Scott Duncan, North East Membership and External Affairs Manager for the EEF, reflects on how the region is involved in some pioneering initiatives.
This year has seen a raft of activity from Government on industrial strategy, energy policy and the low carbon transition. The North East continues to play its part in delivering the Government’s ambitions in this area by supporting the diverse energy mix today, as well as bringing together innovative businesses to deliver leading-edge opportunities as the low carbon agenda grows.
So what were the big announcements for industry and energy in 2017? January saw the launch of the Industrial Strategy green paper, which set out ‘Affordable energy and clean growth’ as one of its 10 pillars to deliver a thriving UK industry. In October, we finally saw the Clean Growth Strategy (CGS).
This will be built on further now the full Industrial Strategy has been launched in November, which saw the Government invest up to £360m of new investment to maximise the advantages for UK industry from the global shift to clean growth, through leading the world in the development, manufacture and use of low carbon technologies, systems and services that cost less than high carbon alternatives.
The long-awaited independent energy review by Professor Helm was also published, to get a grip on improving the affordability of energy for domestic and business consumers. Whilst dealing with current uncompetitive energy costs is a priority, government and energy regulator Ofgem is also looking to the future, by launching the ‘Smart, flexible energy plan’. This plan is a joint strategy to deliver the new opportunities that ‘smart energy’ can bring to UK homes and businesses, including to improve affordability. These initiatives are just the tip of the iceberg, and far more is going on under the water to support these high level ambitions.
Whilst these big announcements caught the headline, it’s worth reflecting on some of the pioneering initiatives that the North East is contributing to the UK’s industrial strategy and ambitions for the low carbon transition.
In much the same way that the North East led the world in the development of engineering innovation during the Industrial Revolution with Stephenson’s Rocket, Swan’s electric light bulb and Armstrong’s first hydro-electrically lit home, it is doing so again as a test bed for low carbon passenger vehicle technology. The region is now leading the way in the UK with EV charging networks, battery powered vehicles and a transport infrastructure that promotes reducing our carbon footprint and in doing so tackling one of the most significant environmental challenges.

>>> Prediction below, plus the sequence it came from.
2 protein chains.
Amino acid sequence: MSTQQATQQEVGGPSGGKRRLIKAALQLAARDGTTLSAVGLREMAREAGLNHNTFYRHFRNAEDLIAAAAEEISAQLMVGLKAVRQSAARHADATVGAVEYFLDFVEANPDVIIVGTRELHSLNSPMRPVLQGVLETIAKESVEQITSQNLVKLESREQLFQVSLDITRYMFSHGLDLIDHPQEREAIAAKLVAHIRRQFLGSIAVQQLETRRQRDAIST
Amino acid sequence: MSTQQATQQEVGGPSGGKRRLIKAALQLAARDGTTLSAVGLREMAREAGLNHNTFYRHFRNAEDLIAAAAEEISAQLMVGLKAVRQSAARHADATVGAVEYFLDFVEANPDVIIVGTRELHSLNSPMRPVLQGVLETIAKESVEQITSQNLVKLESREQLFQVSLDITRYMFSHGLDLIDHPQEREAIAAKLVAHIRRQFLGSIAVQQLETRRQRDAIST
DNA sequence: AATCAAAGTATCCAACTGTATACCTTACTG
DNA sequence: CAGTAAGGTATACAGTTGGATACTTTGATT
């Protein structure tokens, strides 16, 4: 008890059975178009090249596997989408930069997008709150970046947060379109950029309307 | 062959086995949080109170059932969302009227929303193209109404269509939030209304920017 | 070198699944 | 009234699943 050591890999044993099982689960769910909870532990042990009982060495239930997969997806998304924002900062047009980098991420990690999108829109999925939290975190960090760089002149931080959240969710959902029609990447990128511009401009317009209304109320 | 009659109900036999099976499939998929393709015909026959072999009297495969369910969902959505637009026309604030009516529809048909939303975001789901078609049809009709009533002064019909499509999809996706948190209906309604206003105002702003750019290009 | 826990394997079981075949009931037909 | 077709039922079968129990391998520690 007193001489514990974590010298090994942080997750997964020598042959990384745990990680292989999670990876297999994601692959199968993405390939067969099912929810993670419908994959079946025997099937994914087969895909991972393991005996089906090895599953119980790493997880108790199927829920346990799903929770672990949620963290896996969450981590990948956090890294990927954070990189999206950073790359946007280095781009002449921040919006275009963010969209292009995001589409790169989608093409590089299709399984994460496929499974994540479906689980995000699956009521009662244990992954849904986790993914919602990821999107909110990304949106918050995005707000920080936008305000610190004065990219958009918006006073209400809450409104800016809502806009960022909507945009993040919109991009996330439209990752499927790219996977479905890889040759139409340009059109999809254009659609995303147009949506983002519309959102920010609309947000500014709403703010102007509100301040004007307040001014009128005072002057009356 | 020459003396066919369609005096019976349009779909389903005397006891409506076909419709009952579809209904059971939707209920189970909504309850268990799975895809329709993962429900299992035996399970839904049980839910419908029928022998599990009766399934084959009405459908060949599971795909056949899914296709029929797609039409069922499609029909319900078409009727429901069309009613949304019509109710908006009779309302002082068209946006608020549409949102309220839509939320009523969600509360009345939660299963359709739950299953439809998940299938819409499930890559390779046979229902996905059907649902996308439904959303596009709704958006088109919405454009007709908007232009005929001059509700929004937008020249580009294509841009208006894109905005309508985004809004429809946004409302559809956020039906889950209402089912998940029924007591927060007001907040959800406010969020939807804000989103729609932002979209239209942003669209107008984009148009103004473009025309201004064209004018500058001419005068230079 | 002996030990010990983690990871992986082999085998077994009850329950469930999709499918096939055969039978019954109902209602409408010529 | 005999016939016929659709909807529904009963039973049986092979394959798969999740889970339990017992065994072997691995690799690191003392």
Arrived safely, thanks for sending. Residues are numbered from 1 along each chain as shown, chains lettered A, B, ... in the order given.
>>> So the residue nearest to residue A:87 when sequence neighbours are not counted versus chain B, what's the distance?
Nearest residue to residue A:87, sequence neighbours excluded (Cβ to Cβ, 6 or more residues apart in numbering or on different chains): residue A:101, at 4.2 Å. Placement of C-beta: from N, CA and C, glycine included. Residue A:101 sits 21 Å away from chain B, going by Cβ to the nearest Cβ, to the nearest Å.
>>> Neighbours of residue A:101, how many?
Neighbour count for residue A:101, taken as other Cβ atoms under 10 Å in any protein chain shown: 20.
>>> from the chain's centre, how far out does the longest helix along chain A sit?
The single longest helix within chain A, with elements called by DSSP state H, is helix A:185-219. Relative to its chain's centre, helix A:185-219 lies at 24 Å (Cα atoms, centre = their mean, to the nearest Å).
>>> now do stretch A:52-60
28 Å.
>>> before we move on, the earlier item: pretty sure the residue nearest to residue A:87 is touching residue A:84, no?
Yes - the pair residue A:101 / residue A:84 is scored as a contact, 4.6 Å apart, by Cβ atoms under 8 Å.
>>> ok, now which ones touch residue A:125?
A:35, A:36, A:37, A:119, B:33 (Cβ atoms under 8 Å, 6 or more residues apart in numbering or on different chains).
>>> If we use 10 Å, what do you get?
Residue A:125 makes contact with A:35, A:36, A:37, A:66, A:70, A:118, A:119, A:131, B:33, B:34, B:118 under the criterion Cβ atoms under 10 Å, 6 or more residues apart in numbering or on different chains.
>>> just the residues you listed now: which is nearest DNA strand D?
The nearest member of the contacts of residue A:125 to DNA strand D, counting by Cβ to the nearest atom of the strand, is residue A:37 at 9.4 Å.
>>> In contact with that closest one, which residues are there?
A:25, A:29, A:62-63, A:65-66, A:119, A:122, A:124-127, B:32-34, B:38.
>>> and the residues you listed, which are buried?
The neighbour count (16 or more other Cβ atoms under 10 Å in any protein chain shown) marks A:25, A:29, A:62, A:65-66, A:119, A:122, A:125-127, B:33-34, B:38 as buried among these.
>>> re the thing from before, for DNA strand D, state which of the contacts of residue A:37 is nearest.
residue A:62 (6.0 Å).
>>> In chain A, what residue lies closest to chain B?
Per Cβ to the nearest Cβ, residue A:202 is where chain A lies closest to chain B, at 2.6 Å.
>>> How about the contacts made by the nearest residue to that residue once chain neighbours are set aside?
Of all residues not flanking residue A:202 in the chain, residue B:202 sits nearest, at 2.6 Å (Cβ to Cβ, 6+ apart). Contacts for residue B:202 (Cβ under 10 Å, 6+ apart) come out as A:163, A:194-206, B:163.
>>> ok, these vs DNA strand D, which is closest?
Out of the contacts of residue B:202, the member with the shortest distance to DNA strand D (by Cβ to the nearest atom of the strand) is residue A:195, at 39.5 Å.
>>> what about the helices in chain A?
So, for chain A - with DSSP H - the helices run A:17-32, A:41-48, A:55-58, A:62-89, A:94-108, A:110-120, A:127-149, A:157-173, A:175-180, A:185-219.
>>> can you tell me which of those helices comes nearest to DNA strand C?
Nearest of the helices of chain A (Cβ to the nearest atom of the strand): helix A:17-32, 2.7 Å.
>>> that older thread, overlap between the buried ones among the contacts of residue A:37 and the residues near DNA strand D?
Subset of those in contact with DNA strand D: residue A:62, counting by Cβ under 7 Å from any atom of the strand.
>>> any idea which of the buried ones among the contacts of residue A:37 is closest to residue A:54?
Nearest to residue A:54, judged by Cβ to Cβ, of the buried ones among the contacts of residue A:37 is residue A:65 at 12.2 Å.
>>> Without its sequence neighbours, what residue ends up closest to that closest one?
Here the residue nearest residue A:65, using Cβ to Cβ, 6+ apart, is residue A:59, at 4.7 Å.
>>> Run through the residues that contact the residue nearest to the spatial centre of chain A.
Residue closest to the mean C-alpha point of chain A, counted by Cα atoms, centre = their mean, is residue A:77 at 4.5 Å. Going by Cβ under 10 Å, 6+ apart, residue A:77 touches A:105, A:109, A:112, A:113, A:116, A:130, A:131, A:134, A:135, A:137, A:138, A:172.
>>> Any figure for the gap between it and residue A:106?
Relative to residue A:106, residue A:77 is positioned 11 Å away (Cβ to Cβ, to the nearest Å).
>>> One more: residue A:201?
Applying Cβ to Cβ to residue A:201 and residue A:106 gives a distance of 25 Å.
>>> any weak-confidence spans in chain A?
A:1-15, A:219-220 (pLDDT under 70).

Home to leading firms like Nissan, Europe’s most productive car plant, manufacturing the electric Nissan LEAF with EV battery production also in Sunderland under the new ownership of GSR Capital following the sale by Nissan earlier this year; as well as Hitachi in Newton Aycliffe producing the next generation of electric and b-mode trains. The region is also home to significant academic research into low carbon vehicle and fuel cell technology, with all five of its universities carrying out research into LCV technology pushing the boundaries of knowledge and innovation. The FE sector also contributing, with Gateshead College training the next generation of skilled worker required to manufacture low carbon vehicles.
Outside of automotive, the energy sector is growing fast in the region, with businesses and supply chains tapping into opportunities and expertise in oil and gas, subsea and marine technology and engineering, and offshore renewables. The region reflects the diversity in energy supply that the government is trying to achieve, in baseload, intermittent renewable, and flexible generation.
In the Tees Valley, you can find Hartlepool nuclear power station, onshore and offshore wind farms as well as biomass and gas plants at Wilton.
Indeed the Combined Authority in the area is looking to develop a comprehensive Low Carbon Industrial Strategy for the Tees Valley – a long term plan for decarbonising industrial and related supply chain activity and to provide a carbon budget for the region which can be achieved over the short, medium and longer term.
There is already a Teesside Collective, a cluster of businesses looking to deploy Carbon Capture Utilisation and Storage (CCUS) technology for industrial applications in the region by 2030. The Clean Growth Strategy set out Government’s commitment to spend £100m from the BEIS Energy Innovation Programme to support Industry and CCUS innovation. This included £20m for a CCU demonstration programme. Government’s committed to creating a new Minister-led CCUS Council, indicating we hope a renewed commitment to deliver CCS as an affordable opportunity for decarbonisation, would help build the UK’s competitiveness, whilst supporting UK industry to contribute to the low carbon agenda.
There is clear interest in the North East, so is certainly an area to watch as the government’s decarbonisation plans progress.
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